The Marxian versus ‘Marxism’
*Marx's Associated Mode Of Production: A Critique Of Marxism by Paresh Chattopadhyay, Palgrave Macmillan, New York, 2016, pp 259–xii. Hard Cover, $ 129.99
Associated Mode of Production, exclaimed (almost
stupefied) a senior professor of department of political science, University of North Bengal, at a coffee house in southern fringe of Kolkata, as if A-M-P isn't in Karl Marx's or Friedrich Engels' writings, looking at the cover page of *Marx’s Associated Mode of Production: A Critique of Marxism authored by Paresh Chattopadhyay. Overwhelming proportion of card-carrying communists in India, are unaware of A-M-P as the diagonally opposite of the humani-malistic Capitalist Mode of Production in Marx who envisioned A-M-P as the production system in a Communist (fully synonymous with Socialist) society, a 'noble and humane society' or in other words "cooperative society (not to be confused with the corruption-attracting cooperatives around) based on commodity ownership in the means of production (so that) producers do not exchange their products just as little does the labour employed on the products as the value of these products" (Gothakritik), which is why A-M-P is 'infinitely nobler and more humane' than the existing capitalist society. Marx envisioned a society comprising labouring people, 'free and equal individuals', entrusted with the task of building a future society through 'collective self-activity'.
Amusingly enough, like the aforestated political science professor, most of the academics at least in India in the post-Marx era dumped A-M-P. However, for defenders of the Twentieth Century Socialism or Official Marxism (approximately Leninism) AMP is Asiatic Mode of Production, the acronym, AMP, enunciated by Marx in the introduction to Zur Kritk der Politischen Oekonomic in 1853.
In a review paper of papers (mostly or all in Italian), presented at an international conference in Naples on an update about the state of MEGA, critique of philosophy and politics, Capital—an incomplete critique and Marx today, Marx scholars (who distanced themselves from ideology-fetishism smearing Marxists and Marxism) around in April 2004, Chattopadhyay stated candidly, "Marx is a disregarded author. The systematization of his critical theory, the impoverishment which has accompanied its divulgation and diffusion, the manipulation and censorship of his writings and their instrumental utilization for political ends have rendered Marx incomprehensible". Distortion and misinterpretation of Marxian thoughts are manifest in the writings of Georgi Plekhanov who in an article, Neue Zeit in 1891 used the term 'Dialectical Marxism' (inversion of Marx's 'materialistic dialectic'. In fact, even before Plekhanov, it was coined by Joseph Dietzgen who developed Dialectical Marxism independent of Marx and Engels. Vladimir Lenin used and argued for adopted DM in his 'What the Friends of the People Are' in 1894. Lenin's followers and official Marxist (OM) parties, built in consonance of rules, laid down by the Communist International (Comin-tern), set up under the initiative of Lenin, in 1919, adhered to DM, often mechanistically. Unabated vulgarisation, manifest during Lenin years, and for nearly a century thereafter devastated everything Marxian. For instance, Marx's 'materialist conception of History' was turned upside down into 'historical materialism' after demise of Marx.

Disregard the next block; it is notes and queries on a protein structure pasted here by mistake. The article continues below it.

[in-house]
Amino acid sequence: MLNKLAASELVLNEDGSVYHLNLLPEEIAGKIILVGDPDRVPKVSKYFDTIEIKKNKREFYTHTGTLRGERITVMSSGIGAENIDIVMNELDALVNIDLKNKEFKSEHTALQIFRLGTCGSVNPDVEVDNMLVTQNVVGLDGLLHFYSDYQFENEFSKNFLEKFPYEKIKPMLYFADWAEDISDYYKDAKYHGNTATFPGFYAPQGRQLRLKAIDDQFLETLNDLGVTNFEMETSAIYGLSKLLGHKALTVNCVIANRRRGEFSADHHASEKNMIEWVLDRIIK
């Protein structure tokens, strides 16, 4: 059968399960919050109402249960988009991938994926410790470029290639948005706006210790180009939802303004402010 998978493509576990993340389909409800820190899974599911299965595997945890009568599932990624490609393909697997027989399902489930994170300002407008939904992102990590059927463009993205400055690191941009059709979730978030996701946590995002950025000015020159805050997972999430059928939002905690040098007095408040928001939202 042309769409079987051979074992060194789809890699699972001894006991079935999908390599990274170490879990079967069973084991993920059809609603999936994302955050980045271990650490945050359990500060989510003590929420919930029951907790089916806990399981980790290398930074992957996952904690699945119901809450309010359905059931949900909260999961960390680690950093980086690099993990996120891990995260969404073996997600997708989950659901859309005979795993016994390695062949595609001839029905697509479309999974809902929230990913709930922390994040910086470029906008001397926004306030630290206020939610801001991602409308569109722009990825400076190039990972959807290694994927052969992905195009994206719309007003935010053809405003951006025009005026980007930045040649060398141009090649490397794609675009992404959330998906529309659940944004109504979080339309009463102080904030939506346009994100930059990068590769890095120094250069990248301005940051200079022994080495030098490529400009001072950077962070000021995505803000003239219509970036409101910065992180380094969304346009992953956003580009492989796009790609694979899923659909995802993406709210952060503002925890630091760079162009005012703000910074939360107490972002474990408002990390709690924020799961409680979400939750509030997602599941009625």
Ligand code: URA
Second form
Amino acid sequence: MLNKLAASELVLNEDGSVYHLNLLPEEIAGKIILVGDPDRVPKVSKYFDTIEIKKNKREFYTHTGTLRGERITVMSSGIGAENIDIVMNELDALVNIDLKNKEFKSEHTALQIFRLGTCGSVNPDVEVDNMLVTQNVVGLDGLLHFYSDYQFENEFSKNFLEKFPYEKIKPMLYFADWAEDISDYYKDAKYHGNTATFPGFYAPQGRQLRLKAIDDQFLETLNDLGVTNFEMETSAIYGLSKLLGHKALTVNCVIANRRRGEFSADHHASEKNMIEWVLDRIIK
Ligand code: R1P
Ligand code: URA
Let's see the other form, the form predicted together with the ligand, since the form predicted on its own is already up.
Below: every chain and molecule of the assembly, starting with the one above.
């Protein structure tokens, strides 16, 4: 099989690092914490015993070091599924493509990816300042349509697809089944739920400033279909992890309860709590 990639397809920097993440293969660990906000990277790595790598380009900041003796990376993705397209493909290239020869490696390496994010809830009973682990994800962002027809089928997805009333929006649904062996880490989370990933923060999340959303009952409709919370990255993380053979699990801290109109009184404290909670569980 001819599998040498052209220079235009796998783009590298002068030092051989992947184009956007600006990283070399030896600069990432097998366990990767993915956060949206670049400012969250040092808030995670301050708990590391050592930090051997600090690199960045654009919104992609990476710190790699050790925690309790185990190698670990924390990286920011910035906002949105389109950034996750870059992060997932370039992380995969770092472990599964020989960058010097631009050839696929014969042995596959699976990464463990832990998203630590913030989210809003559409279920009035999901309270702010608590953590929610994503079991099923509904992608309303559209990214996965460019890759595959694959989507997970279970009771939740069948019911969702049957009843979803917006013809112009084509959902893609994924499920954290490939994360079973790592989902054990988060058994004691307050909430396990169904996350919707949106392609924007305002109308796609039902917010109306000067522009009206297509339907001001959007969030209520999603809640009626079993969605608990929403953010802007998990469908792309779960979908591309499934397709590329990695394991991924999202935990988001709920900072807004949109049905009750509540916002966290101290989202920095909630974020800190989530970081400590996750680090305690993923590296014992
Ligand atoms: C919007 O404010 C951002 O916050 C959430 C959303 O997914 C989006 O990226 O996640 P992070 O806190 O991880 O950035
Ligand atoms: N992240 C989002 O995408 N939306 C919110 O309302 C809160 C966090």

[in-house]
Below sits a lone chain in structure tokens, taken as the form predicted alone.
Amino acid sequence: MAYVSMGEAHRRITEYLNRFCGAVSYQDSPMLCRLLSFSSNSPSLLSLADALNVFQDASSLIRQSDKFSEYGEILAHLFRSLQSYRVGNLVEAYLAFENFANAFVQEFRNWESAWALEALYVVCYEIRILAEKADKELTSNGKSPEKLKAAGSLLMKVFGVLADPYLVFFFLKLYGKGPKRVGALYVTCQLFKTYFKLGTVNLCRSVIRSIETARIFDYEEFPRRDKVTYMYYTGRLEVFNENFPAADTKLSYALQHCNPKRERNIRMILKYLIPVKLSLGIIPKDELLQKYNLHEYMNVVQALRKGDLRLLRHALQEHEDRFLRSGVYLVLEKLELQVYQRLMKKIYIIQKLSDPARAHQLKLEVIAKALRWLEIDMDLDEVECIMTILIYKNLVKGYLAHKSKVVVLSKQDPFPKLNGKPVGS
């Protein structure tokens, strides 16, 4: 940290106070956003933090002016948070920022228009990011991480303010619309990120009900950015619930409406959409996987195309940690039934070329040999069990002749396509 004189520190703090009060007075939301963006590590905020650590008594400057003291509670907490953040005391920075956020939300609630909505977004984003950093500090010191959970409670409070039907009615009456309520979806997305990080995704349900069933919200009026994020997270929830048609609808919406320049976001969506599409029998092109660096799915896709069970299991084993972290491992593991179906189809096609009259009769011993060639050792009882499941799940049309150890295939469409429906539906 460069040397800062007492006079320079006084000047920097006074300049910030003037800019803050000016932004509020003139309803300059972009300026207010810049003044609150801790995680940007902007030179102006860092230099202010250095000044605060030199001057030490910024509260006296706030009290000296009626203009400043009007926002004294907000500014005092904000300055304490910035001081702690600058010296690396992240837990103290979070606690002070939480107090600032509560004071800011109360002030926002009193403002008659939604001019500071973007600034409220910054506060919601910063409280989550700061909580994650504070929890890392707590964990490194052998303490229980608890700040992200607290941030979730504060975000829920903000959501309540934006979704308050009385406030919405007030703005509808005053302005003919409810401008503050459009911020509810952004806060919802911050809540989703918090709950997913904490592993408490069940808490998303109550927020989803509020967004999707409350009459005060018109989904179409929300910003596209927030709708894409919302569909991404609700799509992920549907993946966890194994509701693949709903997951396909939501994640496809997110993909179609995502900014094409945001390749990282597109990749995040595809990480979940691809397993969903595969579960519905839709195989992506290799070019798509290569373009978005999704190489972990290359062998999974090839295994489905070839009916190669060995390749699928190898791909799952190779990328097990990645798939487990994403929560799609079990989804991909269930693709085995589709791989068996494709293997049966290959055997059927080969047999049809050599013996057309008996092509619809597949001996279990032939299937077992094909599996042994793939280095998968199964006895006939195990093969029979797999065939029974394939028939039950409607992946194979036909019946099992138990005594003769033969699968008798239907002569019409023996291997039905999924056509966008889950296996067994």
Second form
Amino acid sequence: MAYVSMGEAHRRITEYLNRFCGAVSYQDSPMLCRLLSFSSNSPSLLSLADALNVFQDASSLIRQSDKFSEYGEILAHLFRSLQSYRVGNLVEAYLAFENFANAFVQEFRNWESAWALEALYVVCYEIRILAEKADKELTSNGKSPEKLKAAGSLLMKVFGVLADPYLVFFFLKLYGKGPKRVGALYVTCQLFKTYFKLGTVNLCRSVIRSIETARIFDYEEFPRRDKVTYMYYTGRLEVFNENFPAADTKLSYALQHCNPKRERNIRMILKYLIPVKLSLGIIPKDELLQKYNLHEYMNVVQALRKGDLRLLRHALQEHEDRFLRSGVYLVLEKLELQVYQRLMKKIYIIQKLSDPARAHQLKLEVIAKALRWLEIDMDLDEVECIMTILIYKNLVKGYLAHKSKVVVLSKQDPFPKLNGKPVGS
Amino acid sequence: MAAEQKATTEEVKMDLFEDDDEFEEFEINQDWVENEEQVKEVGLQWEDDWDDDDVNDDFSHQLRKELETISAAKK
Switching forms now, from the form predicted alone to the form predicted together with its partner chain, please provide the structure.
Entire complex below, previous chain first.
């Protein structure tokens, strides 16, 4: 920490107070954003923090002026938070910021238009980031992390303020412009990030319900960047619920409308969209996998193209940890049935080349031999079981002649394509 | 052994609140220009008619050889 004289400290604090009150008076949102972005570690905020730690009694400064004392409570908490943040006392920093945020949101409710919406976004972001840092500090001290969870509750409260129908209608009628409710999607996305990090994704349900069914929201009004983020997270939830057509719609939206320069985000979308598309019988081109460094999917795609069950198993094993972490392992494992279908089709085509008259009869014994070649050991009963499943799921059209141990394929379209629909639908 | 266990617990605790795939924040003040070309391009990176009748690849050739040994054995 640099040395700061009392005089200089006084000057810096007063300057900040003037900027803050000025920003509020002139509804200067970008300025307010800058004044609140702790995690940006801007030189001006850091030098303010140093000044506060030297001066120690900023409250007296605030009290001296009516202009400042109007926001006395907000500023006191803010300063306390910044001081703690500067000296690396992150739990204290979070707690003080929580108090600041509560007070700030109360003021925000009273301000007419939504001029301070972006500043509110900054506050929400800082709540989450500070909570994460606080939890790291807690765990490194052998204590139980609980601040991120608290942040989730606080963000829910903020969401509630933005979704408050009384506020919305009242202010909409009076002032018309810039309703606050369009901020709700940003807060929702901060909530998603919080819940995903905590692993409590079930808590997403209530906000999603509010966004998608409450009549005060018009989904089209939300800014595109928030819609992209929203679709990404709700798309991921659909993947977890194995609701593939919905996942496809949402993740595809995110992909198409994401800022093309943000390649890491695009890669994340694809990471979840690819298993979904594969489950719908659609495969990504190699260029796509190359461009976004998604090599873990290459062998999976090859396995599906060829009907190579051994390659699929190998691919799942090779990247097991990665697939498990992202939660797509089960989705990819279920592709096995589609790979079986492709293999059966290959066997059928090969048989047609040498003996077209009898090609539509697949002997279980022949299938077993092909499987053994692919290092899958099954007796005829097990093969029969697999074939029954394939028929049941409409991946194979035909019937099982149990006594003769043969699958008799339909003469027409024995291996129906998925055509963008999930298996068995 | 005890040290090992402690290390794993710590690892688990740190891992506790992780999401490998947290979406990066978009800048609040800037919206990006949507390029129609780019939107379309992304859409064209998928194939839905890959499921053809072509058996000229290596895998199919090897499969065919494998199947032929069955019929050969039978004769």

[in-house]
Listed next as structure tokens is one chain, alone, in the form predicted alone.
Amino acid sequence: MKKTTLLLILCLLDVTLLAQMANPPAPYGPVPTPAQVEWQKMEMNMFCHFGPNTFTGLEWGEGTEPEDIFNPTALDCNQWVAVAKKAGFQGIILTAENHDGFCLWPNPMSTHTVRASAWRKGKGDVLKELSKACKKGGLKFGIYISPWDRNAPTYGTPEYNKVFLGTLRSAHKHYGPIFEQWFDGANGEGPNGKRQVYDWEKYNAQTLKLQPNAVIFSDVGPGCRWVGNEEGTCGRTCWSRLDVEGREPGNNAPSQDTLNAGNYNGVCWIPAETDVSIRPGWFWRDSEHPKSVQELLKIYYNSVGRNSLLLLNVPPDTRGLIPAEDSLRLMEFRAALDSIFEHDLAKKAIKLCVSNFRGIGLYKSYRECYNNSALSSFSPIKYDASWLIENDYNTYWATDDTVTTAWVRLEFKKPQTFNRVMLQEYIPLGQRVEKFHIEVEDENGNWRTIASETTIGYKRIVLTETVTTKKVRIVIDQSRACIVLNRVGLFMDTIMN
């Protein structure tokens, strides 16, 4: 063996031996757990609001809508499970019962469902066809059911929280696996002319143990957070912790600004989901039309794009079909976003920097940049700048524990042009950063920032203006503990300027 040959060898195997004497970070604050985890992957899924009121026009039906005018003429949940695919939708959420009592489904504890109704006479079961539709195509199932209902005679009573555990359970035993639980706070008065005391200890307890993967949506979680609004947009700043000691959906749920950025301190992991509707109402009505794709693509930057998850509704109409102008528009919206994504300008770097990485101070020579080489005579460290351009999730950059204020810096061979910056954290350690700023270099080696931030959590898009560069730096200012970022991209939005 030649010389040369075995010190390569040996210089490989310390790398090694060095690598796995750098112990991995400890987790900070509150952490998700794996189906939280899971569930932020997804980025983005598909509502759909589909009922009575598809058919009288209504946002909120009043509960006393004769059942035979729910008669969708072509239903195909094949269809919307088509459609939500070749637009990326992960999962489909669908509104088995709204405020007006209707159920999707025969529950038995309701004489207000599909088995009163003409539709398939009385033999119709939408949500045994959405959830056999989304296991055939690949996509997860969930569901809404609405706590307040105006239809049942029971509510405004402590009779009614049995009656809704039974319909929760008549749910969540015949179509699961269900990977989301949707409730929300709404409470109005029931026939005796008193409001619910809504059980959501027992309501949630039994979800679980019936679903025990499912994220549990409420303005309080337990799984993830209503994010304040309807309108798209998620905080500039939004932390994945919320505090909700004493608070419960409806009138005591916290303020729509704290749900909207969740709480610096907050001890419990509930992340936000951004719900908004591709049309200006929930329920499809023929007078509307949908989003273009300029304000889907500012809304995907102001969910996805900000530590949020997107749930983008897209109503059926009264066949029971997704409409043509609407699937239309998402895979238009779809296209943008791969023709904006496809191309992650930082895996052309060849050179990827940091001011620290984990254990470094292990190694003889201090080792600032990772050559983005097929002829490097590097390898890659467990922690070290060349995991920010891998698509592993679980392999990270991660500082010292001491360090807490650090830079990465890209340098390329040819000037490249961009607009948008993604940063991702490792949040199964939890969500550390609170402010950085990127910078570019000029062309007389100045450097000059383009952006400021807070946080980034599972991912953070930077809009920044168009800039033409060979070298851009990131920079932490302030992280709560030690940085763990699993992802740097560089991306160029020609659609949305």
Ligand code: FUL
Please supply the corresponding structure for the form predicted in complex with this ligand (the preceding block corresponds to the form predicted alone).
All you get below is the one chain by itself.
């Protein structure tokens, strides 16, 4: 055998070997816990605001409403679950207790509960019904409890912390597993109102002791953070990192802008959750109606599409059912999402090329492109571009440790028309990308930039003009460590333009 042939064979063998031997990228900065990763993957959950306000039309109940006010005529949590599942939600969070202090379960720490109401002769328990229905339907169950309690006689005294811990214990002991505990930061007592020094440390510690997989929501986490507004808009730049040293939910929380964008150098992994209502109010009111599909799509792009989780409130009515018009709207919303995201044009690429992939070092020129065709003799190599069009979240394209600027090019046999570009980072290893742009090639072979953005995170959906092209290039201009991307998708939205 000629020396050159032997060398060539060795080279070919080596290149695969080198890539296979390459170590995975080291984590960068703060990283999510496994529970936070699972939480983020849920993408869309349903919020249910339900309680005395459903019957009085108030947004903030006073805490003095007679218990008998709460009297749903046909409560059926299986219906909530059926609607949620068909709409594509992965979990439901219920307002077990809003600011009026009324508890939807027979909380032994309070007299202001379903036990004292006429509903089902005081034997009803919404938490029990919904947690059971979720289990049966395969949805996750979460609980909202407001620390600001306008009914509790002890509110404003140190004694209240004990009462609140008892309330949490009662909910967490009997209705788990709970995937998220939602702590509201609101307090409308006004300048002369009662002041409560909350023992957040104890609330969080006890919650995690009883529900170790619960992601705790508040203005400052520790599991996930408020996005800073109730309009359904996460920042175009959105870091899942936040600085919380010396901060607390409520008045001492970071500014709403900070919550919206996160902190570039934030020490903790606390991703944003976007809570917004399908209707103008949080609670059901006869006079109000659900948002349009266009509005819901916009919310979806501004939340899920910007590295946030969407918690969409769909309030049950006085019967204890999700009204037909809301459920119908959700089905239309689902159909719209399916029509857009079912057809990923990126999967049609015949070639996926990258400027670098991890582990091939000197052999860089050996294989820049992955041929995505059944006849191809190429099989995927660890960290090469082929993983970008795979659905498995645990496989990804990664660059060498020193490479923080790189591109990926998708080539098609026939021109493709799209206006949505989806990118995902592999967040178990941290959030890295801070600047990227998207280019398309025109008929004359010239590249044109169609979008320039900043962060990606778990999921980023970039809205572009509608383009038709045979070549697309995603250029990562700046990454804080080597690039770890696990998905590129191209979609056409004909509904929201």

There is no denying that for those (albeit very few in number to date, at least in this subcontinent) who repose optimism on the on-going Marxian renaissance, an imperative is to wage a theoretical battle for insulating themselves and fellow-travellers around from the century long distortion of Marxian theories and thoughts.
Chattopadhyay's book will inspire those—maybe a minority—who are dispassionately committed to combat the protracted misinterpretation and arbitrary distortion under the garb of 'Marxism'. However, Marx disapproved of the very concept 'Marxist' in the morrow of 1880s after a meeting of the First International, not attended by him. Addressing two participants Lafargue and Jules Guesde, top French socialist leaders, for their silent endorsement of the prefix 'Marxist' with a chagrin, Marx stated : "Ce qu'il y a de certain c'est que moi. je ne suis pas Marxiste." (If anything is certain, it is that I myself am not a Marxist). After all, Marx was vehemently against the very word ideology (or, obviously 'ism') or ideologue, very clearly German Ideology. If in all ideology men and their circumstances appear upside-down as in a camera obscura, this phenomenon arises just as much from their historical life-process as the aversion of objects on the retina does from their physical life-process. So use of "Marxism' and 'Marxist' even as prefix or suffix is a deviation from the Marxian.